FOP Contract Arbitrator Says “Destroy All Records”
Ken Hare – Chicago Defender Staff Writer
Last week on January 15 in Judge Peter Flynn’s courtroom, the drama surrounding the FOP (Fraternal Order of Police) v. the City of Chicago case centering around the destruction of police misconduct records continued.
In a room full of attorneys for both sides and journalist/activist Jamie Kalven and University of Chicago law professor Craig Futterman representing the people, a status hearing took place updating Judge Flynn on the decision arbitrator George Roumell Jr. rendered on January 12 ordering the city to start destroying police misconduct records dating back to 1967.
After the hearing, FOP Attorney Pasquale Fioretto said, “We are pleased with the interim award and look forward to a final order, which hopefully will be issued by April 15.” Shawanda Miller, an African-American rank and file member of the police department, agreed with the arbitrator’s decision. She said “Keeping the records opens up the city to frivolous lawsuits. The public has the time during the five to seven year (allotted period) to take action against an officer. “
“The community needs to come together to deal with the complaints in a timely manner because citizens can file a complaint against an officer for any reason and rack up numerous complaints just to get back at someone.”
Illinois State Rep. LaShawn Ford is working in conjunction with the NAACP to sponsor a bill to amend the Illinois Local Records Act to keep public records on file permanently.
When questioned about the urgency of the situation, Ford said, “We would have the votes to pass a bill like this one once we present the bill to the general assembly.” However, when asked about the timing, he said, “the earliest it could possibly go into effect would be May.”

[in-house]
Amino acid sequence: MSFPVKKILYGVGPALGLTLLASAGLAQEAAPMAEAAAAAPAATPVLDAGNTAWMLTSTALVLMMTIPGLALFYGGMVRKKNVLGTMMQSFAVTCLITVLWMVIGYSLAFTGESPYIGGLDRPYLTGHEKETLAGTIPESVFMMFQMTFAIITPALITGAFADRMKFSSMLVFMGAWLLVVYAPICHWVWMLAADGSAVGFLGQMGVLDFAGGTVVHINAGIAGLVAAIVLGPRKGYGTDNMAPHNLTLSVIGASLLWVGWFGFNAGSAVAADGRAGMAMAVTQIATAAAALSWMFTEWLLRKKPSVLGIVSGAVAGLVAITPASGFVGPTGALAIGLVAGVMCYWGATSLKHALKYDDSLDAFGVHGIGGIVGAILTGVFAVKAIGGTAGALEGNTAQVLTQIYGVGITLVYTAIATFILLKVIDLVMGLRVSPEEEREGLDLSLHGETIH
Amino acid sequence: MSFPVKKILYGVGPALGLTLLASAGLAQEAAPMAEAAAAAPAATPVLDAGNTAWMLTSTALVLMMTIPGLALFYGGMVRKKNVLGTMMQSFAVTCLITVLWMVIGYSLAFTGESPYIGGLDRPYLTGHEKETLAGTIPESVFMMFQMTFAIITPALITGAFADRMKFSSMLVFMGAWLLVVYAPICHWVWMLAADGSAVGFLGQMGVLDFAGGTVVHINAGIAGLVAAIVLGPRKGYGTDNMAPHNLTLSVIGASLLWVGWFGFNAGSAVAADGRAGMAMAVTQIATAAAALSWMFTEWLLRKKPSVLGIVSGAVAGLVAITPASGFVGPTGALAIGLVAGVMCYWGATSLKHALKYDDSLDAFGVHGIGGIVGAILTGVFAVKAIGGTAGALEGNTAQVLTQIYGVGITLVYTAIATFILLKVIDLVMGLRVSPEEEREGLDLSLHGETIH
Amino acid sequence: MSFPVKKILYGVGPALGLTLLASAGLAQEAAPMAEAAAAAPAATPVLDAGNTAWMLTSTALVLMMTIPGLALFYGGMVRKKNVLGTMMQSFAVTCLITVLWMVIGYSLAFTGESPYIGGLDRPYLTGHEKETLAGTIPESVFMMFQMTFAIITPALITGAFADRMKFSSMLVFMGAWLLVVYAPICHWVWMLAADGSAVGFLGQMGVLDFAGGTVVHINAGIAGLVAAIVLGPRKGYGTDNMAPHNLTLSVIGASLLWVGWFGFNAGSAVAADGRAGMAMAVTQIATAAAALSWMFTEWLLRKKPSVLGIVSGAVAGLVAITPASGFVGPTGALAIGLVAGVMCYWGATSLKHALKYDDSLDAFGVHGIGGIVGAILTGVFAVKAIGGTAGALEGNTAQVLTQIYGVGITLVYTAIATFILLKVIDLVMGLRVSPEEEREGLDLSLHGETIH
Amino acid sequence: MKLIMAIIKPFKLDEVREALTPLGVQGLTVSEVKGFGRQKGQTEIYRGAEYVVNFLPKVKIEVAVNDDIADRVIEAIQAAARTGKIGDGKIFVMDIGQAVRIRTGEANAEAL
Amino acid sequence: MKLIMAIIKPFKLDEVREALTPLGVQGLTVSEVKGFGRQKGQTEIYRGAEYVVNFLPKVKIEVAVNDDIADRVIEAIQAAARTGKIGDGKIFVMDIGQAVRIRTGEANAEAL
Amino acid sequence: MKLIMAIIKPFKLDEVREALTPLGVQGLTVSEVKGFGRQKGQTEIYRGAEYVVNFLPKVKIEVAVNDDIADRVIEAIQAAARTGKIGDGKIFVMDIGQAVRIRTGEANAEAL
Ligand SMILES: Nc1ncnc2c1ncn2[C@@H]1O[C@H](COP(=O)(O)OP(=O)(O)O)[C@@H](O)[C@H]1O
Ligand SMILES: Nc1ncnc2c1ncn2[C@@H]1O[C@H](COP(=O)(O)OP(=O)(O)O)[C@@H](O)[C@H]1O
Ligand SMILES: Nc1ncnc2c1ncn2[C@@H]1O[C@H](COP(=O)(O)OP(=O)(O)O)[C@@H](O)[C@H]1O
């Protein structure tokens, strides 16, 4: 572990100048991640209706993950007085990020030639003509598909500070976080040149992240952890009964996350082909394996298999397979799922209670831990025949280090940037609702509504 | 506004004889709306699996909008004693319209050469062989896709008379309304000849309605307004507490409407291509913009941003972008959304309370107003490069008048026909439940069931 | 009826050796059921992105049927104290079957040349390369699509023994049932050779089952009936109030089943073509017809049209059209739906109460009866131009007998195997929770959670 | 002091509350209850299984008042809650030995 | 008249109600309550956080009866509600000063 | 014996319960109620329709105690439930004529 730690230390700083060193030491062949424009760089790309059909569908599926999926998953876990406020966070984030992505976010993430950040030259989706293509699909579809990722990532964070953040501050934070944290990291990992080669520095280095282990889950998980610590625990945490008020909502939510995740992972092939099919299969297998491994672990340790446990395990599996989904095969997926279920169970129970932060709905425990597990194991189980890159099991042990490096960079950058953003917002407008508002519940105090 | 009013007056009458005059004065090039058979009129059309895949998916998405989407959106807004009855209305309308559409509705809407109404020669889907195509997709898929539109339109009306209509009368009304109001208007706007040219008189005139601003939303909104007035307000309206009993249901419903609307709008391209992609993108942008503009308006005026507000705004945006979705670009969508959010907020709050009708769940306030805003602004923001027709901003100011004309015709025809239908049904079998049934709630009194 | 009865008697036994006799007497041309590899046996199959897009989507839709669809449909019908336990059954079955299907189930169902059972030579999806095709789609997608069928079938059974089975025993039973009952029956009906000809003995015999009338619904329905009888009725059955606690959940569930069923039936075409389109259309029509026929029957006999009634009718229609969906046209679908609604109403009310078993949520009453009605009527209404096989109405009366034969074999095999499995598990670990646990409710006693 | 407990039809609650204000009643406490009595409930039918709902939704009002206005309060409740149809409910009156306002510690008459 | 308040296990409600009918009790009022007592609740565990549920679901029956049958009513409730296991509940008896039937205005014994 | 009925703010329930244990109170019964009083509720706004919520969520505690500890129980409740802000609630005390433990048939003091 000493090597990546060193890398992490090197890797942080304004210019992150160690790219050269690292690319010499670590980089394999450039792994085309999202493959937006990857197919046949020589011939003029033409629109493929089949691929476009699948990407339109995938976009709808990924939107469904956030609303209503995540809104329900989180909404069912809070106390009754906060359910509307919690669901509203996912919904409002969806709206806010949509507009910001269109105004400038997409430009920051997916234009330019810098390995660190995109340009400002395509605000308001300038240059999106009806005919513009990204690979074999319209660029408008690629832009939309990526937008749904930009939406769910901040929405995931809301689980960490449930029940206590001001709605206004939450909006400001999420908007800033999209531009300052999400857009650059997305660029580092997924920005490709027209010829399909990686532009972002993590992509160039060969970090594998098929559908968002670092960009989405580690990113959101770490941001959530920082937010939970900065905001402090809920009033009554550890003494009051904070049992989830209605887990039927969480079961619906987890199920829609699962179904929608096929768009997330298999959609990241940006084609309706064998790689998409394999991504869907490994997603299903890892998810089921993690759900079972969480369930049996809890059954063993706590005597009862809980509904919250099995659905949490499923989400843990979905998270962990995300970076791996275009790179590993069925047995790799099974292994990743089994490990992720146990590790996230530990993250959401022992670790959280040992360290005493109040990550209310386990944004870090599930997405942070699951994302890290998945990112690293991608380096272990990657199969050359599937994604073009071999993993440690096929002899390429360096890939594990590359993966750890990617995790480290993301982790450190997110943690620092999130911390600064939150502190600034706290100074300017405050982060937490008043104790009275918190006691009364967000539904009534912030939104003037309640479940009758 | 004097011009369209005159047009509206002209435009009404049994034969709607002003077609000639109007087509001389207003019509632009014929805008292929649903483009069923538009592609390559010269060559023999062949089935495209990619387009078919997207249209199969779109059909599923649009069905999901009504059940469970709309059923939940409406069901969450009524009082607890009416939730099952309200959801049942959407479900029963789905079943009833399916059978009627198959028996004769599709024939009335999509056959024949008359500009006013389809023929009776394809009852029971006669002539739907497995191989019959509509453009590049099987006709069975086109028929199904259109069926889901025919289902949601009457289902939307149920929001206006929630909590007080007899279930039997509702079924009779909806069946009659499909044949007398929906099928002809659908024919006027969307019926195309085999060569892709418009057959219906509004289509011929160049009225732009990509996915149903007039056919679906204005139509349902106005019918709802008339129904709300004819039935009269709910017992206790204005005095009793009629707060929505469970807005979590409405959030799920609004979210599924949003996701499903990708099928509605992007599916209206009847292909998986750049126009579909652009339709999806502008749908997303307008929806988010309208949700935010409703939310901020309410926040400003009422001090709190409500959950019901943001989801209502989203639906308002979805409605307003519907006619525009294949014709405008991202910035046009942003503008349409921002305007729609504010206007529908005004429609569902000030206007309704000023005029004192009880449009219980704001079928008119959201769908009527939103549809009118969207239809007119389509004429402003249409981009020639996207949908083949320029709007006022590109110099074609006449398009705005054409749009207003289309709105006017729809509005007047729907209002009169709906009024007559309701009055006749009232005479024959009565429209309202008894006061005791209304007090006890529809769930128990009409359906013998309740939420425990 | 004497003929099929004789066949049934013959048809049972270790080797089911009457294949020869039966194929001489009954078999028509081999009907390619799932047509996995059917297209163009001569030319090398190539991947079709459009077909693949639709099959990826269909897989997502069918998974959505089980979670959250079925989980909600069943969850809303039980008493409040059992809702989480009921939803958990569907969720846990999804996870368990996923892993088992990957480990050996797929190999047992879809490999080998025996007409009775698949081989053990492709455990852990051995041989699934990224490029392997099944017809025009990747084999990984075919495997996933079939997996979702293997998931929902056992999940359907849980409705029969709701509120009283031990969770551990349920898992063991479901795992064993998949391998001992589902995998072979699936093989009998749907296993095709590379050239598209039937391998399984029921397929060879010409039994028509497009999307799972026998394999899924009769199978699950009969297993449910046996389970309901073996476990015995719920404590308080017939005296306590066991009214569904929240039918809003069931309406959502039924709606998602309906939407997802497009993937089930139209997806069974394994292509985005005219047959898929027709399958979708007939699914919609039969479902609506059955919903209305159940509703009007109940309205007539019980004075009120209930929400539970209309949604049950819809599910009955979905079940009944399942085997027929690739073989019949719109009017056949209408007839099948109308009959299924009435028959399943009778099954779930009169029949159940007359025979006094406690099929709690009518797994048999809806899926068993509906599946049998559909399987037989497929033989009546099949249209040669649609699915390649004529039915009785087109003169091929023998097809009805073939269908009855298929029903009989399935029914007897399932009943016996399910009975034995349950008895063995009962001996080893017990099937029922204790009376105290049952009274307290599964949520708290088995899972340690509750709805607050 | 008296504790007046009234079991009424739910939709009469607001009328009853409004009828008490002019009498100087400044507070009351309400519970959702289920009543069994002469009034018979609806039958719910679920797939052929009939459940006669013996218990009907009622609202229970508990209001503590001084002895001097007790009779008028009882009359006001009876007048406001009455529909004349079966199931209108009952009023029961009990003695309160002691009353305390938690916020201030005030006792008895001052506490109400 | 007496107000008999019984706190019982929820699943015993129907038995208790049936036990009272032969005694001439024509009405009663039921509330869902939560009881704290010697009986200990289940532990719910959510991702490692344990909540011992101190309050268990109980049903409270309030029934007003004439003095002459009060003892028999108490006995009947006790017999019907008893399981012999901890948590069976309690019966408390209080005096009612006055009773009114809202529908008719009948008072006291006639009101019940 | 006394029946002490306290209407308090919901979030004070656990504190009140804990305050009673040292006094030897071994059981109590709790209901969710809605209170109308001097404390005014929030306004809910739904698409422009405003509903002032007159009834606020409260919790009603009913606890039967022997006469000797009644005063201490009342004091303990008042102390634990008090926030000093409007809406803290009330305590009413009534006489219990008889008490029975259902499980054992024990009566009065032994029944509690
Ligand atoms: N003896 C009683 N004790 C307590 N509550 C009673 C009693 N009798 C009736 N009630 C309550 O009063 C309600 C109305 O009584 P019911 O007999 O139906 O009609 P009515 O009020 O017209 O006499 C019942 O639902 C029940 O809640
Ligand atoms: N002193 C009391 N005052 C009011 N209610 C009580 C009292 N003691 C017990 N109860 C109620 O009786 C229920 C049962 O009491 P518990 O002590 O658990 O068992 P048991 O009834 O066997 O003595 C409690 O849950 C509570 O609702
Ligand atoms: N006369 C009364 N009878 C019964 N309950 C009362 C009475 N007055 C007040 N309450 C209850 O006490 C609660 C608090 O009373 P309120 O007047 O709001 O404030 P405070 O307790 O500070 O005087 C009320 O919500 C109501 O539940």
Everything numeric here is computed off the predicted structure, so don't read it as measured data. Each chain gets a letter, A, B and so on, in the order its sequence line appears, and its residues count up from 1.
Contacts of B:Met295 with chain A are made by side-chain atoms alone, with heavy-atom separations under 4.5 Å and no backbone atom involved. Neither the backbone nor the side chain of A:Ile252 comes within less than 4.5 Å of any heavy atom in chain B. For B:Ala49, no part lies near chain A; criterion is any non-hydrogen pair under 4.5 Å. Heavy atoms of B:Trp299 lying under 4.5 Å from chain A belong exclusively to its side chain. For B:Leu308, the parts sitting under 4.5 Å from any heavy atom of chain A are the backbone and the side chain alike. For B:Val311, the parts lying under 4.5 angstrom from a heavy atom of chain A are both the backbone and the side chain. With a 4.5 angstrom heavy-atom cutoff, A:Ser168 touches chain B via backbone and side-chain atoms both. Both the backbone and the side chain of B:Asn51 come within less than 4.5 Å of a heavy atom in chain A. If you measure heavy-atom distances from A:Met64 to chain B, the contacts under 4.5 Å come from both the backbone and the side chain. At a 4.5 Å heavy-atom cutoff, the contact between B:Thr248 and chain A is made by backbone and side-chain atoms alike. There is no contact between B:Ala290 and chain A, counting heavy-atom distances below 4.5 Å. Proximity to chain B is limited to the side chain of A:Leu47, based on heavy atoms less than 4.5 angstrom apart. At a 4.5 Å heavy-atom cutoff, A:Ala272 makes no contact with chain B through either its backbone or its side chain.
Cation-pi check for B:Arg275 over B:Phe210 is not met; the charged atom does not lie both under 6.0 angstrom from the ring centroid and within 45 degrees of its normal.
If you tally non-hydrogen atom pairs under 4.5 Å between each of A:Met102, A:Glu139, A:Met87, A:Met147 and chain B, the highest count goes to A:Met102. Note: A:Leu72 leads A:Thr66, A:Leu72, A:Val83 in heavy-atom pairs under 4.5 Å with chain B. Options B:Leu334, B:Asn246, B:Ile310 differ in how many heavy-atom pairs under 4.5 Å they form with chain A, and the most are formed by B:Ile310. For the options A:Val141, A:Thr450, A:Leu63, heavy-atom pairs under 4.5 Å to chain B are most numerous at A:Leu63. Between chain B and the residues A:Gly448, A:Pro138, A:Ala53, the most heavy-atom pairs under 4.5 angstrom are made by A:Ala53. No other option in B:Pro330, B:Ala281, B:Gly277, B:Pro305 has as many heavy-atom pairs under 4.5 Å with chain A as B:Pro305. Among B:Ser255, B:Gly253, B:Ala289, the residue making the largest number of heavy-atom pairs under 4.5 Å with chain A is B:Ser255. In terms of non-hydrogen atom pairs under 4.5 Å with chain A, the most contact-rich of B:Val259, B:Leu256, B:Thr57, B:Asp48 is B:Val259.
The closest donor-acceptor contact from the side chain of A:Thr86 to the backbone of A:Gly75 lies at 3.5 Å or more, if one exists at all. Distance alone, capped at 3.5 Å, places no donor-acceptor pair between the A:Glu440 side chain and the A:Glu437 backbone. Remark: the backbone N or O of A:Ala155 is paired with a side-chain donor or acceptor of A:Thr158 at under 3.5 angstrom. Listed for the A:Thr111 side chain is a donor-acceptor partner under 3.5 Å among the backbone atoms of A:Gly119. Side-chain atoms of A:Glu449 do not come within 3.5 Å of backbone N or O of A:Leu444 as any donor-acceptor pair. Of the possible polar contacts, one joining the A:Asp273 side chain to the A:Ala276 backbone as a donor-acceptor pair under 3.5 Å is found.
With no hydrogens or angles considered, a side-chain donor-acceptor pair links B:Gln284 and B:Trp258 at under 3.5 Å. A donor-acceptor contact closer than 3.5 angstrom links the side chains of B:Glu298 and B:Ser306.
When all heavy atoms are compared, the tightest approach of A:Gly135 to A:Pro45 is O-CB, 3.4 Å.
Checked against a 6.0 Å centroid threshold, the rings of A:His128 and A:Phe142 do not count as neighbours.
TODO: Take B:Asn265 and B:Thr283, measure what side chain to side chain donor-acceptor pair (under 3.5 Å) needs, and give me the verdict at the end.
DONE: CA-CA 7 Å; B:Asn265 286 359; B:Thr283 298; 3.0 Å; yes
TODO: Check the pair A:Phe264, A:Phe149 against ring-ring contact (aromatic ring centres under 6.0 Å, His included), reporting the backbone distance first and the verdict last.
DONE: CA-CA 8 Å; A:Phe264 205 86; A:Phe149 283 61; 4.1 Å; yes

Such an amendment wouldn’t necessarily affect the preservation of the police misconduct files currently under scrutiny, but would apply to complaints filed after the amendment should it be adopted by the Illinois state legislature.
The Back Story
In 2011 and 2012, Richard Aguilar, the grievance chair of the Fraternal Order of Police, filed a grievance against the city for not destroying records of police misconduct allegations that go beyond seven years, as required in FOP’s contract with the city.
In the complaint, Aguilar alleged that the City of Chicago is “retaining files and documents in violation of Section 8.4 of the contract.”
In a June 8, 2012 letter, then-Commander Donald J. O’Neill from the Management and Labor Affairs
Division of the Police Department, rebuked Mr. Aguilar.
O’Neill stated “The Union alleges that, on April 12, 2012, it first learned that the Department has, notwithstanding Section 8.4 of the collective bargaining agreement, been preserving officer investigative files and disciplinary records and/or histories.”
“This statement and the grievance itself alleging the Department’s wrongful retention of such records are most surprising given the Union’s longstanding knowledge of the Department’s open practice of retaining disciplinary records.”